book review: fifteen dogs

The idea behind André Alexis’ novel Fifteen Dogs is that Apollo and Hermes lay a bet on whether it would be possible for a dog to die happy if given human consciousness. To settle the bet they grant fifteen dogs in a Toronto veterinary office consciousness and see what happens, and that’s what the novel is about.

For some reason going in I’d assumed there would be one chapter for each of the dogs, but that’s not how it worked out. Some of the dogs came to a bad end right away, and then a pack was formed and eventually dissolved.

It was a story about language and about the purpose of consciousness and about finding a place in a world that wants beings to fit a certain mould. It was a good book.

I really liked it but it shouldn’t have won Canada Reads this year. The question the program asked was “what book do Canadians need to read right now?” or along those lines. As soon as you’re introducing Canada you’re making this a political question and the political inhabitants of the nation state of Canada with its history *need* to read something like The Break.

book review: blindsight

Blindsight was fucking incredible. Peter Watts put it out under a Creative Commons license so you can go download and read it now if you want. The book has sort of a backgrounder website, which I’d also recommend. If you like hard science fiction that deals with first contact, sentience vs intelligence, predator-prey relationships, people being superfluous so they upload themselves to Heaven, sex, relationships with a person who doesn’t understand empathy, all sorts of awesome brainhacking, the wondrous effects of electromagnets on the human nervous system and vampires, or even a substantial subset of those, you need to read it right the fuck now.

I’ll warn you; there aren’t a lot of likeable characters. One of the blurbs for the book is by James Nicoll:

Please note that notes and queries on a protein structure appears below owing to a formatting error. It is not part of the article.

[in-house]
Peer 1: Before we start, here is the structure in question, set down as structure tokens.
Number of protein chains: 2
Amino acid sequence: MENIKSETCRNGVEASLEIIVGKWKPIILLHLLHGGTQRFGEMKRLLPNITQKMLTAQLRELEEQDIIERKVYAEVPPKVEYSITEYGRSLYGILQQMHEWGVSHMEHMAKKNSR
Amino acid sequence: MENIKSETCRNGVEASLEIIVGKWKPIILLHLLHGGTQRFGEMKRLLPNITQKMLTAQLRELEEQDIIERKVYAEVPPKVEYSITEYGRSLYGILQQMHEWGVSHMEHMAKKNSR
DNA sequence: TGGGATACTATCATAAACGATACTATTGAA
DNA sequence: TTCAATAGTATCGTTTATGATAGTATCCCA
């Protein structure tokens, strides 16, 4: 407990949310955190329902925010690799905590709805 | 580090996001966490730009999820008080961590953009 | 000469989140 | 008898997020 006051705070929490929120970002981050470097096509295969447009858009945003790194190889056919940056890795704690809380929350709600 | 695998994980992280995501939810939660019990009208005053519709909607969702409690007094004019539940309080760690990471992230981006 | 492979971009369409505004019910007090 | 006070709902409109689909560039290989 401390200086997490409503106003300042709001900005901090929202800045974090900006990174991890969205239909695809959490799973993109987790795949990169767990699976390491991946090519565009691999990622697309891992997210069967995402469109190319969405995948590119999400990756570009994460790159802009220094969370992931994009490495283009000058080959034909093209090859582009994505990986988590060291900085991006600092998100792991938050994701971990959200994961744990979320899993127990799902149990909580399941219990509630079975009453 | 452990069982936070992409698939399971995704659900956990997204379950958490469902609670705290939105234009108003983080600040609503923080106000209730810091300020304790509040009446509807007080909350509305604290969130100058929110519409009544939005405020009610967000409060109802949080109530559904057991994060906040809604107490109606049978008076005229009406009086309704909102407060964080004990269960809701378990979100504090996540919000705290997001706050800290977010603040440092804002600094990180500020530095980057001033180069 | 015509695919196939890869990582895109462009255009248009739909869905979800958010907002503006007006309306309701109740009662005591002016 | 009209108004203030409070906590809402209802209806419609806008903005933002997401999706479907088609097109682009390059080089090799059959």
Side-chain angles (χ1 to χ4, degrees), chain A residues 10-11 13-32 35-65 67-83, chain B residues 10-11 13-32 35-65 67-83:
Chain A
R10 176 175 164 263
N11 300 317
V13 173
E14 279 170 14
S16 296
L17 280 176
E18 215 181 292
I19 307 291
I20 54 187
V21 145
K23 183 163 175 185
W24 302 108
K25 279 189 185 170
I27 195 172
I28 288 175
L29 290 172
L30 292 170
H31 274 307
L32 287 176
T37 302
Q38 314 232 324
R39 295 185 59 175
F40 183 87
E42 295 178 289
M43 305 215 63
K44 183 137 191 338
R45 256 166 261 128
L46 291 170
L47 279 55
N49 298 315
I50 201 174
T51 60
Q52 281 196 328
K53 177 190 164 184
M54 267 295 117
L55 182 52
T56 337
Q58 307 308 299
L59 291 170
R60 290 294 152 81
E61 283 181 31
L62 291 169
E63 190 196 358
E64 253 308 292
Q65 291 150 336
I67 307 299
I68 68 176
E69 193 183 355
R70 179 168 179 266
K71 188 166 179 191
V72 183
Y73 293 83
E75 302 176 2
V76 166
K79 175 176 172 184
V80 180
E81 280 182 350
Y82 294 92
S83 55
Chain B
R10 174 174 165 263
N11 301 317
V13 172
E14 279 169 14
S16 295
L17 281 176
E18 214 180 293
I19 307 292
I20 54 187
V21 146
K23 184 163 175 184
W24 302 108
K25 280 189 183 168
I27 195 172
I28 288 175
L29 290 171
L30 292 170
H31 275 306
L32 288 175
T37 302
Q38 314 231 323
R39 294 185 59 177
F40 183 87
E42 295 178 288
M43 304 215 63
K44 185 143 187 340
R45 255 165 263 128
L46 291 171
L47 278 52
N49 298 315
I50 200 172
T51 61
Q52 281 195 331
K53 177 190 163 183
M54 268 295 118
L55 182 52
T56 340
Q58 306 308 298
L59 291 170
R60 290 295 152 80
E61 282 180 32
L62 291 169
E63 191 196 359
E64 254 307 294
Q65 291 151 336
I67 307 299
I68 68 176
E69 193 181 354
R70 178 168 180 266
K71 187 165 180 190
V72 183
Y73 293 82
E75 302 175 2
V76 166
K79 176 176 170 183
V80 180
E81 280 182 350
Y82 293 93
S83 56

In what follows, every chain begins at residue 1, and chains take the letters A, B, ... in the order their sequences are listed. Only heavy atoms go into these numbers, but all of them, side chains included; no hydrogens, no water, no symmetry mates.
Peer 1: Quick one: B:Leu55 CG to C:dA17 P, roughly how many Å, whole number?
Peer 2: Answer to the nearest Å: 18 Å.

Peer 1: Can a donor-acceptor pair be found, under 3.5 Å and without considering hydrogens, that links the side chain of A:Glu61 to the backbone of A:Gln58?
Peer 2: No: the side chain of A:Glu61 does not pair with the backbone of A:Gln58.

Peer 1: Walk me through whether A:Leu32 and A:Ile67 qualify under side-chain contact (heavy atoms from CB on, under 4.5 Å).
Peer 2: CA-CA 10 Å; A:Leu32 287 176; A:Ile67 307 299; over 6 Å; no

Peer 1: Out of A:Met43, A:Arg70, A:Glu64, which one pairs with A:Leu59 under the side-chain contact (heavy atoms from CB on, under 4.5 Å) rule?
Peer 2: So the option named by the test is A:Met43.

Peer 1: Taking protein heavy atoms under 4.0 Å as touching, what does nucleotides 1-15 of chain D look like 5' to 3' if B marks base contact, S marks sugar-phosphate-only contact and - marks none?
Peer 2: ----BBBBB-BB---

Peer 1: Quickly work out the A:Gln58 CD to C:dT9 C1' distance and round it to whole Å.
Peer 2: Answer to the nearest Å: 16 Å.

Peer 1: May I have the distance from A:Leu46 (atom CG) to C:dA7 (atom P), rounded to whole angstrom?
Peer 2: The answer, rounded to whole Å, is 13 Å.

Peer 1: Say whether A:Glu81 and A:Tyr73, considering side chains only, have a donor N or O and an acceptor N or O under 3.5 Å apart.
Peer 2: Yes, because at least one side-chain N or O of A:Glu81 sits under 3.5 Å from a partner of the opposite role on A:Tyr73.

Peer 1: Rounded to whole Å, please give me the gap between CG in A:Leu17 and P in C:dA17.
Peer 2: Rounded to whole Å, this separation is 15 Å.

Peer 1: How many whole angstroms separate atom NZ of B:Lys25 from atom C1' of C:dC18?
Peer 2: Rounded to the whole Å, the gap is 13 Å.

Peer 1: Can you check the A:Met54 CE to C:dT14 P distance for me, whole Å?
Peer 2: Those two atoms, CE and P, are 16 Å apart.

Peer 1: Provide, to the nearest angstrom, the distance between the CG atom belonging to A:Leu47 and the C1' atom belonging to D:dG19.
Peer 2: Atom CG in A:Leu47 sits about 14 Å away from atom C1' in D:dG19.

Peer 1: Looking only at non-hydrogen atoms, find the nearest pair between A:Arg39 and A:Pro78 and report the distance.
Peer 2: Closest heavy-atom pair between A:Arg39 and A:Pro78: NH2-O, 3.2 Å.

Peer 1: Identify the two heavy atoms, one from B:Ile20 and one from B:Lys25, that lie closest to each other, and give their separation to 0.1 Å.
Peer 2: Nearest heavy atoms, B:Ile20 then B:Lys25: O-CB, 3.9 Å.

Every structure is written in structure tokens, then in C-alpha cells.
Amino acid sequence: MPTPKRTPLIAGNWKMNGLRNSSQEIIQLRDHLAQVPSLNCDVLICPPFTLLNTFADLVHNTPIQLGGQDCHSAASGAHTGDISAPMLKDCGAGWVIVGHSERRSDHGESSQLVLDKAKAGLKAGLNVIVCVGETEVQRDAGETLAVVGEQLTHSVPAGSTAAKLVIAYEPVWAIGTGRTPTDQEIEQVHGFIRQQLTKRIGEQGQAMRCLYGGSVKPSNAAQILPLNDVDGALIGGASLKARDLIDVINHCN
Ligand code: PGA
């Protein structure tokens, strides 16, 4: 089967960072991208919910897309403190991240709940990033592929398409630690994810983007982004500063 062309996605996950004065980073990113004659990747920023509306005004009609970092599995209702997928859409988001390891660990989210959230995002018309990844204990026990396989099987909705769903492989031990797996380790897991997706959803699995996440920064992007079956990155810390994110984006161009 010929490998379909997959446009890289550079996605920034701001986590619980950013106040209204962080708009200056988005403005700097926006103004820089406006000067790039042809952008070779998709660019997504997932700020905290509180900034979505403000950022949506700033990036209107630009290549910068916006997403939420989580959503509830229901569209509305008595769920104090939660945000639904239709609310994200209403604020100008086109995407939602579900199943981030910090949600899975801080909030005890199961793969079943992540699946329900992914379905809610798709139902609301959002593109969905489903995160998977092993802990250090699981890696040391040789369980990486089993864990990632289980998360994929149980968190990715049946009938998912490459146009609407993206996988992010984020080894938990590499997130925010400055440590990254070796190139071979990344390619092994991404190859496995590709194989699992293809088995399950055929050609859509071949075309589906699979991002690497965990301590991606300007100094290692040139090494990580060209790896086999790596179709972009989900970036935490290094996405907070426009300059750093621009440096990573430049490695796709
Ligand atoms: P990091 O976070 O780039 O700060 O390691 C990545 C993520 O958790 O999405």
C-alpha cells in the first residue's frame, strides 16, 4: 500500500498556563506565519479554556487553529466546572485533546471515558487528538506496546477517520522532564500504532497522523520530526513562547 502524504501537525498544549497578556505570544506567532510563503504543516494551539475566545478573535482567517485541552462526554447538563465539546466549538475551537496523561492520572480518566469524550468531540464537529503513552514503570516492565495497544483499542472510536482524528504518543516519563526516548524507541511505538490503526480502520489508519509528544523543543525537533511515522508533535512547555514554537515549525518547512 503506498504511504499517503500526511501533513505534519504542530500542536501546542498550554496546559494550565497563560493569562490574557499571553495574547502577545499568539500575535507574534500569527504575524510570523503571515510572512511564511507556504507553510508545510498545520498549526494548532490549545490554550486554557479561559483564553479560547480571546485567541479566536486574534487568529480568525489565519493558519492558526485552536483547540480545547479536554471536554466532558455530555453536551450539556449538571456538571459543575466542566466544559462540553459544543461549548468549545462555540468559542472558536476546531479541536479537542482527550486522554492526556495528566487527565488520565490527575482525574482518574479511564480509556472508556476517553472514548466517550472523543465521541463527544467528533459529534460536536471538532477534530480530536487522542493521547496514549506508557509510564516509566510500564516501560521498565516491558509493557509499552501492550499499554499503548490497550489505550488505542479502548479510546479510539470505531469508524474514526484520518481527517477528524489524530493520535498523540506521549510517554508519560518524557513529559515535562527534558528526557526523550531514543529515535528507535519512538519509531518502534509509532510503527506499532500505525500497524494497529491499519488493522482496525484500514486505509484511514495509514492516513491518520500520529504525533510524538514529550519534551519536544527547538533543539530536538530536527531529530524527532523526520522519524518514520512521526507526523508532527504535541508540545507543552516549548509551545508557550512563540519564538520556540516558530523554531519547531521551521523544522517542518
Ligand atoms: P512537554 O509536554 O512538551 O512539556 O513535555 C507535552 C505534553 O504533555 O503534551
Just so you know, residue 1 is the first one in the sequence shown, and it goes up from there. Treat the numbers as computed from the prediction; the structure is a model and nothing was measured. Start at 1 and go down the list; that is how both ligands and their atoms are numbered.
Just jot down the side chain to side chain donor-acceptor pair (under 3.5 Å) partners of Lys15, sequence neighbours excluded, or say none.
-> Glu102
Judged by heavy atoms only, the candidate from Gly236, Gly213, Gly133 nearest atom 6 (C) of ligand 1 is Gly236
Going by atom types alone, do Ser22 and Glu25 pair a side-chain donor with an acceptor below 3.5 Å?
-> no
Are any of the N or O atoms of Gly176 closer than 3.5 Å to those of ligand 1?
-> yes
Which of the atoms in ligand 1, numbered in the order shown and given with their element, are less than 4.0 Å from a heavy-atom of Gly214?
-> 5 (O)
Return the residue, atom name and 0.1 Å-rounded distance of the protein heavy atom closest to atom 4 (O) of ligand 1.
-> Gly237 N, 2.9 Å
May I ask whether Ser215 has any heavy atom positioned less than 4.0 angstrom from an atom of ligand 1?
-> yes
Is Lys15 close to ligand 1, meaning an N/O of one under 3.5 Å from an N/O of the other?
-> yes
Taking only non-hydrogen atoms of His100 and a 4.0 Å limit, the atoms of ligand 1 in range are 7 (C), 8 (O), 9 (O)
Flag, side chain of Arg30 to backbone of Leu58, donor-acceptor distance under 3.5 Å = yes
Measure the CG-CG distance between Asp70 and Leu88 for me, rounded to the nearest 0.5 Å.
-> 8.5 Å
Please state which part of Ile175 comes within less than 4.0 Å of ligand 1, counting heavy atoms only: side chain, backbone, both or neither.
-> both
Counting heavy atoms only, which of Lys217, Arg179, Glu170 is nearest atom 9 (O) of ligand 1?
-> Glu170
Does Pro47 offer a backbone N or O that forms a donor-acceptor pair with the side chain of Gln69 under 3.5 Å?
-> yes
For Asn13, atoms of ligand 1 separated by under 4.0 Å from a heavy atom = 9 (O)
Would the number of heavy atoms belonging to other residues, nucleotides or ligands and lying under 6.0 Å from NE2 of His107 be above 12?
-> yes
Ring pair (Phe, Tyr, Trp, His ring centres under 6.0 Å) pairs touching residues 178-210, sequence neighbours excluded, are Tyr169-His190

Whenever I find my will to live becoming too strong, I read Peter Watts.

The story is told by a man whose brain has been half removed and filled with machinery that helps him analyze what people are thinking based on their body language. But he’s pretty severely lacking, not in social skills, because those are skills you can learn and that he did learn, but in the motivations behind those skills. He’s also hilarious. There’s a great bit where he tells the story of Sperm and Egg and the war they are constantly fighting and he tells this story after presenting his girlfriend with flowers, commenting on the oddness of presenting another species’ severed genitalia as a token of affection, just before they are to fuck.

The best part of this book was all the stuff about intelligence and what human consciousness is worth and what it costs. It’s amazing, and the kind of thing that’s hard to find outside of science fiction. The afterword is filled with the references Watts used (he’s a marine biologist so is used to doing science) and I kind of want to read the huge dense one he mentioned. The one that actually tries to sort out where our consciousness is in our meat.

It’s not for the faint of heart, or for people who like warm fuzzies, but it’s awesome.